De Long's misses the part, however, where people fed up with the government printing fiat money at excessive rates decide to give it up and conduct their transactions using other money. This happens you know, in which case your old fiat money has no use whatsoever, except perhaps in facilitating transactions with the government.Delete
Fiat money is the only asset I can think of that if all people tried to apply its use at the same time, exchange it for goods and services that is, the asset would seize to be useful. This is not to say that it is not a useful contraption.
Somehow I don't feel instructed.Delete
my 2 cents is that you are blinded because you are inside the economics silo.Delete
Law students (and lawyers) are poor generally at economics but that quickly understand that money is Coasean and the primary limiter of their livelihood. Without money, contracts (promises) for future performance would still be made but the paper (and legal work) would be immense.
To the point, sophisticated lawyers laugh at economist who worry about "money." If you think that the gov't may print too much, hire a good lawyer and broker and write contracts that hedge all your positions.
You will find that these services cost 5 to 7% of the contract price, but insurance can be obtained.
Viewed in this light, the true nature of complaints about fiat money, etc., are exposed. The complainers are lazy and greedy, wanting someone to do their own work. CA is a prime example. He is just a welfare queen in different garb. If he has cash in a Mason jar in the back yard he could forward hedge, at a cost. He just wants a gov't subsidy.
Do not take these remarks as carte blanch permission for the gov't to print money.
Life is a confidence game and, generally, on of its rules is that excessive printing works against confidence.
Isn't that an oxymoron?
Oh, come on now Stephen, have you ever tried to keep up with an ambulance?Delete
If I understand correctly, some object to the use of the work "bubble" because the premium reflects a useful property, liquidity. My problem is that, by taking this logic to the extreme, nothing can ever be called a bubble. There was no derivatives bubble, the high price of mortgage-backed securities simply reflected their uefulness as a medium of exchange. There was no housing bubble, their price increase reflected their use as an "input" in the "production" of mortgage-backed securities. And so on...ReplyDelete
Interestingly, many of the same people have criticized economists for not identifying the housing bubble. Is it my impression, or are people trying to have it both ways?
No. I addressed that in the last post. Here's the relevant passage, so you don't have to look it up:Delete
But the bubble component of housing prices after, say, 2000, does not appear to have been entirely a good thing, as it was built on false pretenses. Various kinds of deception resulted in housing prices - and prices of mortgage-related assets - that, by anyone's measure, exceeded what was socially optimal. As a result, I think we can make the case that pre-2008 real GDP in the US was higher than it would have been otherwise. Further, the housing-market and mortgage-market boom could have masked underlying changes taking place in US labor markets - for example David Autor's "hollowing out" phenomenon. One could argue that there was a cumulative effect in terms of the labor market adjustments needed, and that these adjustments took place during the recent recession, and are still taking place. See for example this paper by Jaimovich and Siu. That's why all the long-term unemployed. So that's not some confusion. People are talking about alternative ideas that have some legs, and may have quantitative significance. Why dismiss them?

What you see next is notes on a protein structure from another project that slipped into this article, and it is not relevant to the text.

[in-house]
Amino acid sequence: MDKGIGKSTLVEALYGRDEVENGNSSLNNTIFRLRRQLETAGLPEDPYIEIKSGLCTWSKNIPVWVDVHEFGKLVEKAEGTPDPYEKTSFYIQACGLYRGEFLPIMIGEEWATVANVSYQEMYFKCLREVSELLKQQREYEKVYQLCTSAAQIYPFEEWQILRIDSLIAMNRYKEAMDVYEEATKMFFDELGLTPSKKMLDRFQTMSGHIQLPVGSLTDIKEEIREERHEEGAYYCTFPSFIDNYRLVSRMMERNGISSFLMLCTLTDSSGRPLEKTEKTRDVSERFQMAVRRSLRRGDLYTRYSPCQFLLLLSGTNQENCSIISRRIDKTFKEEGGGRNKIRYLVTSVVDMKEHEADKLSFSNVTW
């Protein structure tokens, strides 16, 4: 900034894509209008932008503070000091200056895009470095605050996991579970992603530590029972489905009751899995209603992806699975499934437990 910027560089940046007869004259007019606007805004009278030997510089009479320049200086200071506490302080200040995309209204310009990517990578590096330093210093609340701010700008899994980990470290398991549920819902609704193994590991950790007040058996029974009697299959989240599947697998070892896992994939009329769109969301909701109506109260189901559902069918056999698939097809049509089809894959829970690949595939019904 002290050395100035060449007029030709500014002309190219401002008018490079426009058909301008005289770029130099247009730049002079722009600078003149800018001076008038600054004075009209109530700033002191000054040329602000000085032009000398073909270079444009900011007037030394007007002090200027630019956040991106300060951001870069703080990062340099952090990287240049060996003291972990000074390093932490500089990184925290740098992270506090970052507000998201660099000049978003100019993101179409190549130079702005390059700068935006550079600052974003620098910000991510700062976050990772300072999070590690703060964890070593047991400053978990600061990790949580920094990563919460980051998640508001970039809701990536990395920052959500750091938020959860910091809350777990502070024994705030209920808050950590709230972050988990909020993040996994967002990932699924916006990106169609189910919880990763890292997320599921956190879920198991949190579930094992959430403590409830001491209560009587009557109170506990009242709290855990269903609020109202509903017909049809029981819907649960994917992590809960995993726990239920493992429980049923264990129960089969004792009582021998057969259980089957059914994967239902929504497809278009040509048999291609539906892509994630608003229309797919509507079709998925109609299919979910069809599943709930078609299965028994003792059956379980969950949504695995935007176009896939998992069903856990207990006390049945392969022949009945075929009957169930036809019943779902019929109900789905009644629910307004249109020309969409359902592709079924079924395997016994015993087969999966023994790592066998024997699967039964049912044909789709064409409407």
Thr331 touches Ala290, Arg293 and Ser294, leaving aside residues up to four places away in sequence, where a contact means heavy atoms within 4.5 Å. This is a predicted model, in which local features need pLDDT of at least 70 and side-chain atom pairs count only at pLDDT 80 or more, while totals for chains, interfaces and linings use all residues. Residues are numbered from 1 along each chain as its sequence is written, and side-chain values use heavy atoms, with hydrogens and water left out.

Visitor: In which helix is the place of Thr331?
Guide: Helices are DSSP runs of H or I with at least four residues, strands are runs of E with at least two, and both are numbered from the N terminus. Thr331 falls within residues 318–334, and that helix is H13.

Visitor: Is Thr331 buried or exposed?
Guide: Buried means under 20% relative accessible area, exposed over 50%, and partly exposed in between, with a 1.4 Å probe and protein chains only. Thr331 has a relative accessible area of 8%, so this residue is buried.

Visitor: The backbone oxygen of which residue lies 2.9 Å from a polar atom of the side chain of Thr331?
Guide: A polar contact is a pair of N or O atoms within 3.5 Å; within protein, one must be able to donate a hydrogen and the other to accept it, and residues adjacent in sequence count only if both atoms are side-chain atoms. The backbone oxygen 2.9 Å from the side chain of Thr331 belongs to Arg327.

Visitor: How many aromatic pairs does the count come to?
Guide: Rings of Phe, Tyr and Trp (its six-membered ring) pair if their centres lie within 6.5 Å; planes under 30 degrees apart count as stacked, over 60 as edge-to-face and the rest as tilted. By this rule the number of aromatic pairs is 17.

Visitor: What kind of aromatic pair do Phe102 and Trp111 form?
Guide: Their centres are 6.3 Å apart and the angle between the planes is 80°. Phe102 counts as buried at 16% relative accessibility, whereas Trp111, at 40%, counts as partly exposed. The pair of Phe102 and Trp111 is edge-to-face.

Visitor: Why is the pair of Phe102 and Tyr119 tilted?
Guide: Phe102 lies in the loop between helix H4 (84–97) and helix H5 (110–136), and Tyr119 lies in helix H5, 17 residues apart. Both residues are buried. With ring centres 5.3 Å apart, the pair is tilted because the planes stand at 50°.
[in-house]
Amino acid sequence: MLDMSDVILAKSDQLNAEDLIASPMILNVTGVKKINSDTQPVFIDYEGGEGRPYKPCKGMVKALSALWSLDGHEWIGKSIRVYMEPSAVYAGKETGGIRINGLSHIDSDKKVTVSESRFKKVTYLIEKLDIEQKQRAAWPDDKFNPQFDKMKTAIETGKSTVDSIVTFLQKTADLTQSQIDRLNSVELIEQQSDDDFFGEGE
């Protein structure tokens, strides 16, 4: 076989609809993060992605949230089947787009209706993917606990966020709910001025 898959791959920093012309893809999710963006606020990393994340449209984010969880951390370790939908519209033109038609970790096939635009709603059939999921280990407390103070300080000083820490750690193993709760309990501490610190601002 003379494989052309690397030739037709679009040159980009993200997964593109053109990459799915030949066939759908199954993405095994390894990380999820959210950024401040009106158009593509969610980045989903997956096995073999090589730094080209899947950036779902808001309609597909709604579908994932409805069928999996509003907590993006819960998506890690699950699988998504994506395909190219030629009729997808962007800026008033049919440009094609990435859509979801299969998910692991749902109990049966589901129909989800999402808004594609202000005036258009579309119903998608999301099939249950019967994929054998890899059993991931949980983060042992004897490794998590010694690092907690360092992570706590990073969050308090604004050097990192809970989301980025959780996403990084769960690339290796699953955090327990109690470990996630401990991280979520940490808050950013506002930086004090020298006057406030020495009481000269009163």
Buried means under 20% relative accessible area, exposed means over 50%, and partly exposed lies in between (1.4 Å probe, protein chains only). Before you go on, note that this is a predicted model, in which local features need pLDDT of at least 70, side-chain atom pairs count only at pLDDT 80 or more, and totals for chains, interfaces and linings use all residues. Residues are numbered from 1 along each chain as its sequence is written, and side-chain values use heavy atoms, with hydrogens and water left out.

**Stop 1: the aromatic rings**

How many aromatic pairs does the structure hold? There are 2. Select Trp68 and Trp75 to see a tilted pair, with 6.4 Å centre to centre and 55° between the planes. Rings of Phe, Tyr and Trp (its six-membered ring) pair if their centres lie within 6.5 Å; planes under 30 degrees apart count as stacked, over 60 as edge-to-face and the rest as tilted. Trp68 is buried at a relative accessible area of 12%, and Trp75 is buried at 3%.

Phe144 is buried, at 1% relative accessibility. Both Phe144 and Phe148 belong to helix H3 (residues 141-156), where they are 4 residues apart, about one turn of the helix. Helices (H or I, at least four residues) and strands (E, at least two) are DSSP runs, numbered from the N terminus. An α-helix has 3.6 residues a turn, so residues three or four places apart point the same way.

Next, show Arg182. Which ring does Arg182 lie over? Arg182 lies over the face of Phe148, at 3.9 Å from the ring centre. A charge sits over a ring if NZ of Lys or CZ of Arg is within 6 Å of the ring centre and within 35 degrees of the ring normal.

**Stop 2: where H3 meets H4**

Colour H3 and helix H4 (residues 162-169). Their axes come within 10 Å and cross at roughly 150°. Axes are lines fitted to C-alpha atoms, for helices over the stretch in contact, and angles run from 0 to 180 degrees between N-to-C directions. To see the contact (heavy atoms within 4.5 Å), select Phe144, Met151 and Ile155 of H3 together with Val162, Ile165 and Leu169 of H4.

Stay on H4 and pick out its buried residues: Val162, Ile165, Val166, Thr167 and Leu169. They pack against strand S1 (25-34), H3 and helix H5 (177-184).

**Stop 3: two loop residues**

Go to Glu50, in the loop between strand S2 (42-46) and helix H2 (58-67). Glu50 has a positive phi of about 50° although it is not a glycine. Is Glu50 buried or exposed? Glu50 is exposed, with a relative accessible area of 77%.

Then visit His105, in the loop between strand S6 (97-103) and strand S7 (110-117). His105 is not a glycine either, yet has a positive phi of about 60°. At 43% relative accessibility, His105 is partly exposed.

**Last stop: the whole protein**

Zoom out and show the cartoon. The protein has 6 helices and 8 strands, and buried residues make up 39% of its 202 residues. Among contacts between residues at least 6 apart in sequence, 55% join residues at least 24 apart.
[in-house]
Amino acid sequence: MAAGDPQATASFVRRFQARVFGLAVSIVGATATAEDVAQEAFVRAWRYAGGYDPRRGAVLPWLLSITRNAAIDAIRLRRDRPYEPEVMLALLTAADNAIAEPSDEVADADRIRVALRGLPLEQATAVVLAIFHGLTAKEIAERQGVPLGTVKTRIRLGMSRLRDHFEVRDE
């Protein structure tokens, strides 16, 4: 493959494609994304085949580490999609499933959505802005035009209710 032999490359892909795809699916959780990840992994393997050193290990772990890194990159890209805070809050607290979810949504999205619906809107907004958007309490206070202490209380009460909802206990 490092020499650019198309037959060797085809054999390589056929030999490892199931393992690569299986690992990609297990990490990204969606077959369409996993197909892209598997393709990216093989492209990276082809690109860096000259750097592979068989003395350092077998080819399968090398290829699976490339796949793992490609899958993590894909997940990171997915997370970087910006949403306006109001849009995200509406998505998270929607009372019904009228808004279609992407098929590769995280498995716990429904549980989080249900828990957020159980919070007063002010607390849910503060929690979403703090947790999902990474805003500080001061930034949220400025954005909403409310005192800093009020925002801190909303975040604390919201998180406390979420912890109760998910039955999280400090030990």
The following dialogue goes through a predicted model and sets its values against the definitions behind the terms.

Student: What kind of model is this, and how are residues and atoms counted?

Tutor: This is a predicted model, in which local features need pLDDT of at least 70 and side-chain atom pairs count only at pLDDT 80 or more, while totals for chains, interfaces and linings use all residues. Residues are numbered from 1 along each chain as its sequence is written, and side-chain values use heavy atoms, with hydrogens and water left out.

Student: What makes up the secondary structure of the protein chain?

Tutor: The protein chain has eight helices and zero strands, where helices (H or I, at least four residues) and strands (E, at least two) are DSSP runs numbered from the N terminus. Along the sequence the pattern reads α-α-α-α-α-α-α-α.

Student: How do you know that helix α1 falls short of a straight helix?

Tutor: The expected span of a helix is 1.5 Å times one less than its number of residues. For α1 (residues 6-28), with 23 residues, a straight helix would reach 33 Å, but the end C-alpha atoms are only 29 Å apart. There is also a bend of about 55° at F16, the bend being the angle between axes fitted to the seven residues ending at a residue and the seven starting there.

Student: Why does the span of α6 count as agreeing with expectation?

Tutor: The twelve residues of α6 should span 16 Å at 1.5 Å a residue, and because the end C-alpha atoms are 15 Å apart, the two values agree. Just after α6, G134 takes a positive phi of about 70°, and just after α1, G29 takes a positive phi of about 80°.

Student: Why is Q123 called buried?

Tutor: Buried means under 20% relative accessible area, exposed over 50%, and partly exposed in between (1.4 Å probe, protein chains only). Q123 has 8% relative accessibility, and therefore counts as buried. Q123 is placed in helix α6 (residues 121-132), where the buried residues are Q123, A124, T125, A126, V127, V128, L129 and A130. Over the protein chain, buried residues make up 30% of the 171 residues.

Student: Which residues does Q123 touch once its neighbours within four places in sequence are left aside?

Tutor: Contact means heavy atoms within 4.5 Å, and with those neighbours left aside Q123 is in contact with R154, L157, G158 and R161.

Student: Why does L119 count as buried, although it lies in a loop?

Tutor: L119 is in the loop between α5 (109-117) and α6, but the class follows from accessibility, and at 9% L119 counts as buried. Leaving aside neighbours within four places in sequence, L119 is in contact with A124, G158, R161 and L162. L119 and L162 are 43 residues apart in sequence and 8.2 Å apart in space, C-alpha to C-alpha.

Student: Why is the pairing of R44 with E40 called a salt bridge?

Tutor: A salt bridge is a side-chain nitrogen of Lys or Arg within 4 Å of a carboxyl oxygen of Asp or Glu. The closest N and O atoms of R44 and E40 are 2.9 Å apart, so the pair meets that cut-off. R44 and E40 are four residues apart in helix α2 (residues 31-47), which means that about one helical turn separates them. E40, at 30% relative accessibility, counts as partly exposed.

Got it, thanks! Of course, it is hard enough to detect in real time deviations of prices from fundamentals, I can't imagine having, on top of that, to decompose these deviations to liquidity premiums or overvaluations dues to deceitful practices.Delete
"My problem is that, by taking this logic to the extreme, nothing can ever be called a bubble. There was no derivatives bubble, the high price of mortgage-backed securities simply reflected their usefulness as a medium of exchange."Delete
That's a good thing. Take a dotcom stock. The stock's liquidity premium reflects its usefulness as a medium of exchange. But what drives the perception of the stock's liquidity premium isn't just how it performed as a medium in the past, but how it is expected to perform in the future. If people expect that even more people in the future will be willing to buy the stock, then the dotcom's liquidity premium rises. Its market price rises.
Persistent increases in these expectations will create spikes in the dotcom's price... which are really just spikes in its liquidity premium. Of course, these spikes can't continue indefinitely since there are a finite number of people who can enter the market. Until then, it's rational to buy as long as you assume that you haven't approached the end of the chain. But it can end in tears too.
false pretenses . . .Delete
Munger invented a wonderful word describing this problem, febezzlement, building on John Kenneth Galbraith who had come up with the term "bezzle" to describe the outright frauds
The process is vicious---as with embezzlement, you think you are richer but you are actually poorer.
The question is why, more than 5 years into the crisis, no one seems to have seriously attempted to quantify this most fundamental of issues.
How are we supposed to know what effort will be required to repair the economy without first knowing or having good estimates of how badly it was damaged?
Karl Smith seems to agree.ReplyDelete
Who is Karl Smith?Delete
"Money, for example, is a pure bubble, as its fundamental is zero."ReplyDelete